and a certification from the Japanese manufacturer to the effect that there was "merely a misprint" in
the labels. 15 The Trial Court denied the motion. On appeal, the Intermediate Appellate Court
sustained that denial of the motion for new trial in view of the demonstrated falsity of the ground
rehed upon for the requested postponement of the pre-trial, to wit: that Atty. Marquinez, the petitioner's
counsel had personally to appear and represent another client at an earlier scheduled hearing of a
case before the Municipal Court of Pasig, when in truth, as certified by the Clerk of the latter Court and
as shown by the minutes of its proceedings, it was another lawyer who appeared, not Atty. Marquinez.

It is axiomatic that the findings of fact of the Intermediate Appellate Court are conclusive and may not
be reviewed by this Court. There is no compelling reason to deviate from this well-known rule in this
case. Upon those factual findings, this Court declares that the Trial Court was justified in declaring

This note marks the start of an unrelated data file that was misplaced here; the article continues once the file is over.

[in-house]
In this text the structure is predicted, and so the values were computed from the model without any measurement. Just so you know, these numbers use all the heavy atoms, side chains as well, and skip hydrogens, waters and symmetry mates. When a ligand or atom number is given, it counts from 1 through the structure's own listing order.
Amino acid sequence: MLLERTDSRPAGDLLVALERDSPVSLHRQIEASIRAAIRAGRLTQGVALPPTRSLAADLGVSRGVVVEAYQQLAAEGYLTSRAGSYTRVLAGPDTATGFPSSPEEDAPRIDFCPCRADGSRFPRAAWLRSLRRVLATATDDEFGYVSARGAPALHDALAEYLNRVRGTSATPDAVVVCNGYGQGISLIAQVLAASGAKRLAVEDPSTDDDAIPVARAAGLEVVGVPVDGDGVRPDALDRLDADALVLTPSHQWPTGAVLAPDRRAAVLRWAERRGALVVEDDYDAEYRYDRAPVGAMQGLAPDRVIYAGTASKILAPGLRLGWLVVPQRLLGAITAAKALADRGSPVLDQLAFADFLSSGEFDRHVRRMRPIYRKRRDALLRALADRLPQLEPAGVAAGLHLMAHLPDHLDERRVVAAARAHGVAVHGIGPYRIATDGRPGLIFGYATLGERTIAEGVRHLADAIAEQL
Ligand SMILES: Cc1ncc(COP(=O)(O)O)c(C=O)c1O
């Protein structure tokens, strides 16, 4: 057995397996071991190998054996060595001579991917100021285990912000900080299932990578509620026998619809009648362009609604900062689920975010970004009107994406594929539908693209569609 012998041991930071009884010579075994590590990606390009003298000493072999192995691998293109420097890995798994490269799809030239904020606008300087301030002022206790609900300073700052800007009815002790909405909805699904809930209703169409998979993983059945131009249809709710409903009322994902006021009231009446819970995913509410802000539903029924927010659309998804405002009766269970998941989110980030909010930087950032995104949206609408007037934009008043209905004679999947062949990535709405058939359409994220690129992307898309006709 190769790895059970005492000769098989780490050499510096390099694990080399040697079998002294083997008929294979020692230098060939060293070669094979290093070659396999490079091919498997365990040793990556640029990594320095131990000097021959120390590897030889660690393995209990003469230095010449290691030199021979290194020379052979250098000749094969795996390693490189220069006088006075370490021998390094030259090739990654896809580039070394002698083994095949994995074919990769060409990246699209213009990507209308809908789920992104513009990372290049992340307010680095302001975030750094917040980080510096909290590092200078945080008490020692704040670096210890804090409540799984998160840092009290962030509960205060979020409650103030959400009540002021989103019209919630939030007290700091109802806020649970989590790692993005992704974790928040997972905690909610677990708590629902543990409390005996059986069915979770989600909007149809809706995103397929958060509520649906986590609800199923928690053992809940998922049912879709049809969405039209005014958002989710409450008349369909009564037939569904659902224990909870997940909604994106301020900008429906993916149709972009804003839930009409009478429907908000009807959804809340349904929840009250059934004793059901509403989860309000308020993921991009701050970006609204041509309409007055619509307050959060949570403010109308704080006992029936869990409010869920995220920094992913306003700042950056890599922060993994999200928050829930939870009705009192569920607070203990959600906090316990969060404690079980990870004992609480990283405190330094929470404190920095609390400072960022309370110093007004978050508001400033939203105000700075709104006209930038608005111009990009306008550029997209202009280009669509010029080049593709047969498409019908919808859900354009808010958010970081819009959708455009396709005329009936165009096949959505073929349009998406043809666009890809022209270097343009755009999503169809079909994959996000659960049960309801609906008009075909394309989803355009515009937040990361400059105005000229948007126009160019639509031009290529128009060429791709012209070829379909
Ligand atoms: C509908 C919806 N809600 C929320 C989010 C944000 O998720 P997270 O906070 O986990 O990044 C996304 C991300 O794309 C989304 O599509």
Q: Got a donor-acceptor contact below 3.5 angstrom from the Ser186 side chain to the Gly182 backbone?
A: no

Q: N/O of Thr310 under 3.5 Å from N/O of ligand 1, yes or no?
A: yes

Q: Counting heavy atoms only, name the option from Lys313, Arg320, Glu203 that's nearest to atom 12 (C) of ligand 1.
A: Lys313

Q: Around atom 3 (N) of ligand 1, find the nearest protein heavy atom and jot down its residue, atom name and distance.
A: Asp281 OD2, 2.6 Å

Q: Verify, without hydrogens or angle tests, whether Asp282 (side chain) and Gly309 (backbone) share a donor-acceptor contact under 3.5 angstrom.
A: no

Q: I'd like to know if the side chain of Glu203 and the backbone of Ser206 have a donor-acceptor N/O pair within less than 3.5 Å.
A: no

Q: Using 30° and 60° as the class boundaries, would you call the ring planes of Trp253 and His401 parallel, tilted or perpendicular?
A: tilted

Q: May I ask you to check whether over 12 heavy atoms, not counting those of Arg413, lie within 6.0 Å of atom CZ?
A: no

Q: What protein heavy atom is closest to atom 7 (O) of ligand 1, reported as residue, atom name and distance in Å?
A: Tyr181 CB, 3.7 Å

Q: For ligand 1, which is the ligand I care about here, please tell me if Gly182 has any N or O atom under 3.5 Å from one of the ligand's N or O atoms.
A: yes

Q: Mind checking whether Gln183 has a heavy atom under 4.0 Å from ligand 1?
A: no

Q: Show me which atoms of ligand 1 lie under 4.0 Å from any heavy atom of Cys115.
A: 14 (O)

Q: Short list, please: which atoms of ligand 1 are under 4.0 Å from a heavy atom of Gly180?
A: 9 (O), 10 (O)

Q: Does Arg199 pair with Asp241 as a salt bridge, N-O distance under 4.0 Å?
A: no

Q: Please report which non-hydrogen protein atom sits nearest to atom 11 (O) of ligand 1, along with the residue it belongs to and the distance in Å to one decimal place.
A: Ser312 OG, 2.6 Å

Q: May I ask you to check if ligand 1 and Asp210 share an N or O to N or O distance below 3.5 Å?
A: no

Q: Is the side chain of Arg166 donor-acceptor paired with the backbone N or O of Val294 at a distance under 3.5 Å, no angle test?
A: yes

petitioner in default and rendering judgment by default against it, for failure to appear at the pre-trial
despite notice. 17

However, the adjudgment of damages appears to be quite excessive in the premises. The grant of
P50,000.00 as actual damages is made to rest on nothing more substantial than the sworn
declarations of the private respondents (plaintiff and his wife) that one (1) of the capacitors used in
repairing an appliance was of 22 micro farad capacity instead of 2200 micro farad, and that three (3)
other capacitors, subsequently purchased, had "superimposed" labels. There is no proof whatever that
defective capacitors were used in the other numerous repair jobs done by private respondent, or that
the repairs did indeed entail the use of capacitors. There is moreover no evidence of a-defiberate
intent on petitioner's part to foist a fraud on the general public, including private respondents, in the